Canadians’ self-reported anxiety and depression are approaching levels not seen since May 2020, indicating that the Omicron wave has taken a significant toll on the mental health and well-being of many as we enter the third year of the pandemic.

The data comes from the Center for Addiction and Mental Health’s ninth national survey with the technology company Delvinia on COVID-19 and the mental health of Canadians, January 7-11 – the final planned survey of its kind.

The survey, which asked about 1,000 Canadians nationwide about mental health measures such as anxiety, depression and drug use, found that a quarter of respondents felt moderate to severe anxiety levels, and 22 percent reported that they occasionally or most of felt depressed the time in the previous week. . It also found more than a quarter of participants were involved in binge drinking.

For dr. Hayley Hamilton, a senior scientist at CAMH’s Institute for Mental Health Policy Research, closely mimics the hospital’s findings from May 2020, when CAMH conducted its first survey measuring the impact of COVID on Canadians’ mental health.

“In May 2020, we were very worried about what was coming, we were very uncertain about the virus and what it actually meant,” Hamilton said. “We’re still seeing that high level of anxiety now, but in this case it could be more frustration, more a feeling of being tired of this and wanting to get out.”

“People wonder, when is it going to end?”

The CAMH survey found that women and frontline workers are struggling excessively, with both groups reporting significant increases in anxiety levels and feelings of depression from July 2021 – the last time this survey was conducted.

The findings are consistent with similar research conducted over December and January. Mental Health Research Canada, which surveyed 3,700 Canadians in its 10th poll since the pandemic began, found that 44 percent of respondents reported having symptoms of anxiety and depression in mid-December, and that rate is higher for health care workers.

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In a Angus Reid recording released Monday, one in three Canadians said they struggle with mental health, and half feel tired due to the rise of the Omicron variant.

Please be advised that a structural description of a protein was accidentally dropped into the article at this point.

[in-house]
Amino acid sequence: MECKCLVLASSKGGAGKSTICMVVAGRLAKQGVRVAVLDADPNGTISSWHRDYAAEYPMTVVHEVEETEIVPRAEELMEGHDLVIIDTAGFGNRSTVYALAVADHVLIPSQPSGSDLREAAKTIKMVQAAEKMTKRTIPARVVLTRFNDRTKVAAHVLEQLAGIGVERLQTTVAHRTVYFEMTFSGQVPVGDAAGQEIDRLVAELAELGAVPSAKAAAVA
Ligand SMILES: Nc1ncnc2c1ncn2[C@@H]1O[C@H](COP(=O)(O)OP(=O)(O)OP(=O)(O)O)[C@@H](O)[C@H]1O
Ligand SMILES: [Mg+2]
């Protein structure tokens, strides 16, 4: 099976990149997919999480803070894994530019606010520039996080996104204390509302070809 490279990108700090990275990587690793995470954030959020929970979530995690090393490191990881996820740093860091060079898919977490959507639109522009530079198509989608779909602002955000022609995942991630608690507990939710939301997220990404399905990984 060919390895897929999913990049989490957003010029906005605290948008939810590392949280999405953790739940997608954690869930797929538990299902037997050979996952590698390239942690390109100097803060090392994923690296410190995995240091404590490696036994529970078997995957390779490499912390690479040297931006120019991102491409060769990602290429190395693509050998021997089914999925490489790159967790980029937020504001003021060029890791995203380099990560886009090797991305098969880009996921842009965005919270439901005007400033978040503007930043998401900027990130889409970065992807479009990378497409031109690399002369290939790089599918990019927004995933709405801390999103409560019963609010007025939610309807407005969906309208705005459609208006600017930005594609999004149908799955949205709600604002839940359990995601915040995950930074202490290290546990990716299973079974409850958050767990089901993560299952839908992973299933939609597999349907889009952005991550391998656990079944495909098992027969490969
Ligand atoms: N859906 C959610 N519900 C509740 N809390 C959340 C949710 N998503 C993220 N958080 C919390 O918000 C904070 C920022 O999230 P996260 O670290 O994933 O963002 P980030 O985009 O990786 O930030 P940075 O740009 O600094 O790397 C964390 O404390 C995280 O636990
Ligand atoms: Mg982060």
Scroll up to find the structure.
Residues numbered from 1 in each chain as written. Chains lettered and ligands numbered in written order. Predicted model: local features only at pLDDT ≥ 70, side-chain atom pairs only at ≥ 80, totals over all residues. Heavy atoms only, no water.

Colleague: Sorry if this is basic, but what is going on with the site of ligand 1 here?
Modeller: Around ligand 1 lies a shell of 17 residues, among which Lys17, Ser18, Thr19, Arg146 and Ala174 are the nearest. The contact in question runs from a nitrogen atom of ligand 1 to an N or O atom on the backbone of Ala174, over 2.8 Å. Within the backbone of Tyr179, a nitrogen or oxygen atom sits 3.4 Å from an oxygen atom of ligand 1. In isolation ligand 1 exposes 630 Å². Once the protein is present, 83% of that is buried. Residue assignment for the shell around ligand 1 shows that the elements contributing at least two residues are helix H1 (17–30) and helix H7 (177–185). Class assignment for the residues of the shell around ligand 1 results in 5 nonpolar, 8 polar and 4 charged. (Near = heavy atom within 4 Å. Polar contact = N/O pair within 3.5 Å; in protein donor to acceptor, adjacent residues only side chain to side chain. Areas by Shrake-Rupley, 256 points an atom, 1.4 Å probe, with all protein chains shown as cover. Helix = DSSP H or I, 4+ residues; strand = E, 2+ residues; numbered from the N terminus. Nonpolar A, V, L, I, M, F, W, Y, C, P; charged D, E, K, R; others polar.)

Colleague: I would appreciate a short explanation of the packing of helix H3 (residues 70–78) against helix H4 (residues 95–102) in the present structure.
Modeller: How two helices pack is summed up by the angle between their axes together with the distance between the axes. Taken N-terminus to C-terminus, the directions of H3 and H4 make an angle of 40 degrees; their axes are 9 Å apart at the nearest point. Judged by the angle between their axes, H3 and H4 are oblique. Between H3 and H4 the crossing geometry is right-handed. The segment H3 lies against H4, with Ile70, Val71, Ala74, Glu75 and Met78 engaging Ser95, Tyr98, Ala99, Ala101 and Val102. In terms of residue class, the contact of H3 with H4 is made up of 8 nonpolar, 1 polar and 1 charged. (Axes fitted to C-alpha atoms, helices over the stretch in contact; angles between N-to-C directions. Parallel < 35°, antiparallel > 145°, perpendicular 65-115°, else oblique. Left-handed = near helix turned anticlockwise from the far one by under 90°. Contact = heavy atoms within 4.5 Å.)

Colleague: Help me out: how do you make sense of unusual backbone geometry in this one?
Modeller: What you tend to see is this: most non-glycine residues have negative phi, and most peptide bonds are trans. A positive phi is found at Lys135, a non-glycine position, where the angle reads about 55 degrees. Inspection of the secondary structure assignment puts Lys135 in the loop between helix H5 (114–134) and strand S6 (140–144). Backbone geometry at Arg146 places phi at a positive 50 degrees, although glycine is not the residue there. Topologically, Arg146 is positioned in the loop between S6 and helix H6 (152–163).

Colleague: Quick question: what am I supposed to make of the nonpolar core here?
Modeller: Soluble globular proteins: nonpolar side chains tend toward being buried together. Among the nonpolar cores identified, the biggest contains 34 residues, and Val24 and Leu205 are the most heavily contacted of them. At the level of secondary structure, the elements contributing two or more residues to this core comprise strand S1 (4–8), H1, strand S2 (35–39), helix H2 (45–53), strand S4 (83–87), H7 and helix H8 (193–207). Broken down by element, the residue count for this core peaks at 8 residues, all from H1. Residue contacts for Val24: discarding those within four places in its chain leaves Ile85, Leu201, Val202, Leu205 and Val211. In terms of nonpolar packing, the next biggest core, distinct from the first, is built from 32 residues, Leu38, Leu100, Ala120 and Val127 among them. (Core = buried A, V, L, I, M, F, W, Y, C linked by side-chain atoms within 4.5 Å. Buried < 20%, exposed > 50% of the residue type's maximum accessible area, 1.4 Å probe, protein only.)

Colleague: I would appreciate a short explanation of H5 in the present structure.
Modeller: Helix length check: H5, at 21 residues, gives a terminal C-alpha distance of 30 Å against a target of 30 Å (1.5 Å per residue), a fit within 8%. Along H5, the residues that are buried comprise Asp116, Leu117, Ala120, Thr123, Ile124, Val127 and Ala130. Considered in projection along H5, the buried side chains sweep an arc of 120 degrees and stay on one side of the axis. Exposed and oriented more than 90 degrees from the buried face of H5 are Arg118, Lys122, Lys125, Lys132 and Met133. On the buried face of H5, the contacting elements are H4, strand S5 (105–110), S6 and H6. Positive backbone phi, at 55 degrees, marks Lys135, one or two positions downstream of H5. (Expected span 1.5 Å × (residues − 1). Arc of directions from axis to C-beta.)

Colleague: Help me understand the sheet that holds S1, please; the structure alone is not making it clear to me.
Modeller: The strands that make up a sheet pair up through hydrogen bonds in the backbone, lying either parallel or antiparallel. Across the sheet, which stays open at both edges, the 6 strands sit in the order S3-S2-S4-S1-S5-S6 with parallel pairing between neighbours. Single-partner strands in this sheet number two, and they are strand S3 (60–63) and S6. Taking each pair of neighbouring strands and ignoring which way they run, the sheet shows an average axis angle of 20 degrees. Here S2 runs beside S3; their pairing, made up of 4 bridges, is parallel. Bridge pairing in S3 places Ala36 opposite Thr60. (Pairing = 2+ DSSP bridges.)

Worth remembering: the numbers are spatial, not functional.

This fatigue and worry has been observed by clinicians like dr. David Gratzer, a psychiatrist at CAMH, who said his patients had been feeling “pulled down from the bottom” for the past few weeks. Some, he added, are still dealing with financial uncertainty and loss of income.

“The tension is very real,” Gratzer said, especially for those with pre-existing mental health problems. “It’s about finance, employment, economic security.”

Like other doctors, Gratzer said he noticed more of his patients drinking or turning to other drugs to treat it. His concern, he said, is that people’s resilience declines as they enter a third year under the weight of pandemic-related trauma.

“One aspect of the pandemic that is unique is that, unlike life stressors that come and go, this one has been sitting in many Canadians’ minds for months now,” Gratzer said. “… the majority of people should be okay, but over time, resilience can be scaled down.”

While mental health has gained a renewed focus in terms of government funding and policy changes, some respondents to both January’s CAMH survey and December’s Mental Health Research Canada survey said they could not access the necessary mental health support.

CAMH found 24 percent of respondents said they needed mental health services to deal with the pandemic over the past 12 months, but could not receive it. MHRC found that one-fifth of Canadians have access to support, but for those who did not, 36 percent said they could not afford it.

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Gratzer said the rate at which people are still struggling due to COVID-19 signals there is a greater need for services. Although minor problems can be helped by short-term online therapy options, other people may need intensive care that involves medication and psychotherapy – the latter is often expensive.

“We need to understand that the need itself differs, so there is no one-size-fits-all approach,” Gratzer said. “We will have to build up community resources, but we will also have to build up intensive services, and that response will not only be necessary over the coming weeks, but possibly over the coming months or even years. ”

Like others in the field, CAMH began researching early in the Canadian pandemic to understand the impact on people’s emotional well-being, with a total of nine planned surveys.

“This is our last planned survey, and we hope it is,” said senior scientist Hamilton, but the hospital does not rule out similar research in the future.

Hamilton said the data collected on the pandemic helped shed light on the broader mental health challenges posed by COVID-19, and findings were sent to policymakers to inform decisions about pandemic relief and beyond.

Above all, she said these findings are also a reminder to people that they are not struggling alone.


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